**”But WHY do I need to repeat the same level AGAIN?”**
As we near the end of the cheer season and tryouts loom ahead, the question above is one we hear time and time again from athletes and parents alike. At Melbourne Cheer Academy we are very strict on when we let students progress to a new level. Sometimes students can get frustrated if they have felt they wanted to progress to a higher level before our coaches believed they were ready. However there are some very strong reasons as to why you should take your time as you move through the levels of cheerleading, and some of the most important are listed below.
Strength and Safety
It takes a long time for your body to be strong enough to perform the death defying stunts and tumble skills required of each level. It is important to spend adequate time on the foundational moves (including conditioning) or you simply won’t be strong enough to achieve the more difficult skills. Even the most elite cheer athletes need to spend hours each week conditioning and working on their strength for their bodies to perform the moves they require. And not being strong enough can result in every cheerleader’s worst nightmare – an injury that could prevent you from training for weeks, or even months! By taking time and building a strong foundation of basics for tumbling and stunting, your body will thank you and this will form a good base for the future.
The more you repeat a certain skill, the more discoveries you make about your own body, the way it works and the mechanics of the skill. Although you may be able to do a backhandspring or fly a double down, it takes many repetitions to have enough understanding of the skill so that your body is a step ahead of you the whole time. This helps you to make necessary adjustments in body positioning and to work on perfecting the details of the skill such as squeezing your legs and pointing your toes.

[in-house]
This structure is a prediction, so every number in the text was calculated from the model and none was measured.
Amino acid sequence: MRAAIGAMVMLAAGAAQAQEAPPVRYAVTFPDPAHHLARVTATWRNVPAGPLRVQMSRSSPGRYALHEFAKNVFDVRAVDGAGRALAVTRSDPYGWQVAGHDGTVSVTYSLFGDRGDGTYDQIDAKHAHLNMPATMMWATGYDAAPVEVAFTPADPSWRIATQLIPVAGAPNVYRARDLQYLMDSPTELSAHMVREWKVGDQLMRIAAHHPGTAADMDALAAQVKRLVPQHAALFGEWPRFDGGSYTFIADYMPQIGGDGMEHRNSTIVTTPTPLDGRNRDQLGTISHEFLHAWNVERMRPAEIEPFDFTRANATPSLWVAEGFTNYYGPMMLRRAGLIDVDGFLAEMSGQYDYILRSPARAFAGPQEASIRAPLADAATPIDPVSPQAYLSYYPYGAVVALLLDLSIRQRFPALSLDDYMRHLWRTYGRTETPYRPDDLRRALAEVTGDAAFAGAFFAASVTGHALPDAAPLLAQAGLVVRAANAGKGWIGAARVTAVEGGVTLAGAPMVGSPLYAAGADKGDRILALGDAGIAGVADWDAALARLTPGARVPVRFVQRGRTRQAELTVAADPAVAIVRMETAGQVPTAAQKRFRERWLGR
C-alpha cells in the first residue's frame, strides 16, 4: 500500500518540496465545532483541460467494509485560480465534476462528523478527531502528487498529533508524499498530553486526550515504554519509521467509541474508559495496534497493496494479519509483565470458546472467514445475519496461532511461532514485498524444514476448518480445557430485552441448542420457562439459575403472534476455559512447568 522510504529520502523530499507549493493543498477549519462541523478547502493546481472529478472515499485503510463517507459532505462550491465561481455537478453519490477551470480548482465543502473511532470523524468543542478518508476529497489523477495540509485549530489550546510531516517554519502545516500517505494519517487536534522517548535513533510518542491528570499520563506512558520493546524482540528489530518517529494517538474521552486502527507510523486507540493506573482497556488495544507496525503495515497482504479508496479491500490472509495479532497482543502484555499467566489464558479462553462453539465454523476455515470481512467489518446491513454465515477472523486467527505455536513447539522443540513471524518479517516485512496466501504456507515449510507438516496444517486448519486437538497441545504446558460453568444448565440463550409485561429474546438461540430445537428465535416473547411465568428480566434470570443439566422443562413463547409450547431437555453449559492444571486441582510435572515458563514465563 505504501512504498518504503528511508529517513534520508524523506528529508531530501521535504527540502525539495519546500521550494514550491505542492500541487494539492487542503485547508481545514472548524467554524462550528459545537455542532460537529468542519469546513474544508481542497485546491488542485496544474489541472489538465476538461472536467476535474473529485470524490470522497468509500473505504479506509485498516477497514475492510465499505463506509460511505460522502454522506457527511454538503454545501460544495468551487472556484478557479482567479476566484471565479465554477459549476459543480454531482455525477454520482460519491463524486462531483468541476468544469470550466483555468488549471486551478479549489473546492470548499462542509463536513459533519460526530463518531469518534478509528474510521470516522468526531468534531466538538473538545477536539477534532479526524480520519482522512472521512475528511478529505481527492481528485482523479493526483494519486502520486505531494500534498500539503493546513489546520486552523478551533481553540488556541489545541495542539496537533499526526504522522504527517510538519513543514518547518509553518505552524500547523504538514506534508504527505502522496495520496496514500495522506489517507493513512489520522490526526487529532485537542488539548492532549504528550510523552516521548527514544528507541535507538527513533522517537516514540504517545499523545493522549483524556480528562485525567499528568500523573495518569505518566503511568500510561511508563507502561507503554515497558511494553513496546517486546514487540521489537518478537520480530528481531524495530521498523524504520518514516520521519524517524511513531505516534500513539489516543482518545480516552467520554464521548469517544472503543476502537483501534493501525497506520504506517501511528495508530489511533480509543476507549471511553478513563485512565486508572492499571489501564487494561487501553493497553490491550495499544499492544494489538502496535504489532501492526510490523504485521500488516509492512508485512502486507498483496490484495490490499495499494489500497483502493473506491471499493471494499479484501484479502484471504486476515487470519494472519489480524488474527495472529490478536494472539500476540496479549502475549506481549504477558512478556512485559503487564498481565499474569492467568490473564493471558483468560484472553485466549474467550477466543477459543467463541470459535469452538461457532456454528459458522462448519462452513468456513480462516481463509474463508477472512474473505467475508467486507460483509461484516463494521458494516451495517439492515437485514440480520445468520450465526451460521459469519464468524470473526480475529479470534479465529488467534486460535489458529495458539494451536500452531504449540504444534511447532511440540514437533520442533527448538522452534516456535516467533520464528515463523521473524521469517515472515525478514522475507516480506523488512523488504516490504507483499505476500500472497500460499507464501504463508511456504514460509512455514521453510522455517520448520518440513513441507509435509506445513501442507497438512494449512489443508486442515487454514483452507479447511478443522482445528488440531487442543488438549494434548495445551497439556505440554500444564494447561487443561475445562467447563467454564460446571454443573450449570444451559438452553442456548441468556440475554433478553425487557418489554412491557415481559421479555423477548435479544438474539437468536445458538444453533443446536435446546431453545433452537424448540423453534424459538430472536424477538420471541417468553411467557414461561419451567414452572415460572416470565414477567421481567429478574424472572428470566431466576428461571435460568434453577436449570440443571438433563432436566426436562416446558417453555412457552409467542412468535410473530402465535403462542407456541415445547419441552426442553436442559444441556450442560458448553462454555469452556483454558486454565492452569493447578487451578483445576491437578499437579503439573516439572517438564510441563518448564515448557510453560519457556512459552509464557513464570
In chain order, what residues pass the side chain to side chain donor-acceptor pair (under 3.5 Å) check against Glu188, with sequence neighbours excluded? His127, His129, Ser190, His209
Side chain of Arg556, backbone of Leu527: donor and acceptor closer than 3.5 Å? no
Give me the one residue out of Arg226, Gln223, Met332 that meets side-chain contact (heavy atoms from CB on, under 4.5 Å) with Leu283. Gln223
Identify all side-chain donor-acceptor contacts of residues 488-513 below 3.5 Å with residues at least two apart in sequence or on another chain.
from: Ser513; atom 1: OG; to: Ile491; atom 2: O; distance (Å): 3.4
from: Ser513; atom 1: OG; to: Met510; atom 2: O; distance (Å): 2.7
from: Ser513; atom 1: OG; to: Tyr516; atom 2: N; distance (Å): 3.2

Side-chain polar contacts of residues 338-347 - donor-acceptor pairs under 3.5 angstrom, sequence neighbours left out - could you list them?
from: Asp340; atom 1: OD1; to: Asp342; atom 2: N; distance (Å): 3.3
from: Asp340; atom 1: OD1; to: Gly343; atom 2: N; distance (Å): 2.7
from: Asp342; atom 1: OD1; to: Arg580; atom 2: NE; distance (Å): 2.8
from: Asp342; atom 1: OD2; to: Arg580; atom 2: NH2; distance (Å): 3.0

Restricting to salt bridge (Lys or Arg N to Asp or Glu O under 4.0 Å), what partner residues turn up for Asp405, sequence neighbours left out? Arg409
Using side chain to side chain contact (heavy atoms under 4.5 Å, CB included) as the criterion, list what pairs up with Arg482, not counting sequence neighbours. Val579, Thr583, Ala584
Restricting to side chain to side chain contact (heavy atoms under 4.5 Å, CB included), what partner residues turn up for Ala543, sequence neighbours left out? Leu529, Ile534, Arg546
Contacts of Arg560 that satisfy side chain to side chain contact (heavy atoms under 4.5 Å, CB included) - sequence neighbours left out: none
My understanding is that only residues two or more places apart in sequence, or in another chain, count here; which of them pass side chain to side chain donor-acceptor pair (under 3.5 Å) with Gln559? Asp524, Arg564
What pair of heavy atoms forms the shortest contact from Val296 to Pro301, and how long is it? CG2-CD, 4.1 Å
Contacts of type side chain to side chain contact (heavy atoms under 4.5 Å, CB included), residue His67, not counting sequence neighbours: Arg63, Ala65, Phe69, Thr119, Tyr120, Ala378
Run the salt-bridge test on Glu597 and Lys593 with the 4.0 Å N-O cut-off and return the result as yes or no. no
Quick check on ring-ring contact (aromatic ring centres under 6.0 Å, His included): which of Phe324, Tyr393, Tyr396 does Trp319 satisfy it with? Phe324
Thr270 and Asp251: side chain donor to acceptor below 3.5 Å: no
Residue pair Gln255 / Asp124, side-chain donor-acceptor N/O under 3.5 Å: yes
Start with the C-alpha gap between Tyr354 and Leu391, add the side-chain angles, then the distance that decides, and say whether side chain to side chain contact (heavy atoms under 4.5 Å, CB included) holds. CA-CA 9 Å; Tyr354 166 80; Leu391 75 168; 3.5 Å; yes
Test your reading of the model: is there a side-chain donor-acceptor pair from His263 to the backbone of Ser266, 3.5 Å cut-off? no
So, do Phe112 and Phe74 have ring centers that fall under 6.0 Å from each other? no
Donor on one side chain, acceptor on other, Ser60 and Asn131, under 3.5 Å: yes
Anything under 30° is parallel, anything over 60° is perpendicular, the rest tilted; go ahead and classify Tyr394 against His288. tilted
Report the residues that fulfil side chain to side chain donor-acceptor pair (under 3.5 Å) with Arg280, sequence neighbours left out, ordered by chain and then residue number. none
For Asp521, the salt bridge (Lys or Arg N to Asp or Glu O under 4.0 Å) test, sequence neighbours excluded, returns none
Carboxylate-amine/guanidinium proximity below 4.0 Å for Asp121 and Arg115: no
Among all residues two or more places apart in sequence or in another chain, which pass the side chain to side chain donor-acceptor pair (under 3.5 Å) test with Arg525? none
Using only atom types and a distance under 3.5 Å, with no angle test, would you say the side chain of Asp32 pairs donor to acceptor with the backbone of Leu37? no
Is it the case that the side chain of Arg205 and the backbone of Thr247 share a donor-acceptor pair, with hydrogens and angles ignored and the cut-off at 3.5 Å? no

Repeating a skill and practising it helps you to get the chain of movements necessary to perform the skill into your body’s muscle memory. This means that your body knows where it’s going next without you consciously thinking about it. This is very important because it not only helps the flow from an aesthetic and performance perspective, but also from a safety perspective, because if your body knows what it’s doing next, you’re less likely to fumble and (gulp) fall….
It’s not fair on your coach to expect her (or him) to give you a heavy spot for moves that are too advanced for you to do. Spotting or assisting a student with a tumbling or stunting skill is something that many coaches will do, but the coach is there to help you if something goes wrong, not to physically carry you through the skill. It’s dangerous for you as an athlete, and for the coach. Cheer and tumble coaches already put a lot of stress on their bodies in teaching such a physical sport, and carrying students through tricks they aren’t ready for isn’t safe or fair on them.
A team is made up of many different personalities, strengths and weaknesses. Sometimes you may be placed on a team where you are a little older or more experienced than some of the other athletes. Don’t let this discourage you! This is actually a sign that the coaches see you as a leader and is a massive compliment to you as an athlete and the strengths that you bring to a team. We need strong leaders on our teams to help them succeed. It is an amazing opportunity for you to develop leadership skills that will benefit you for life!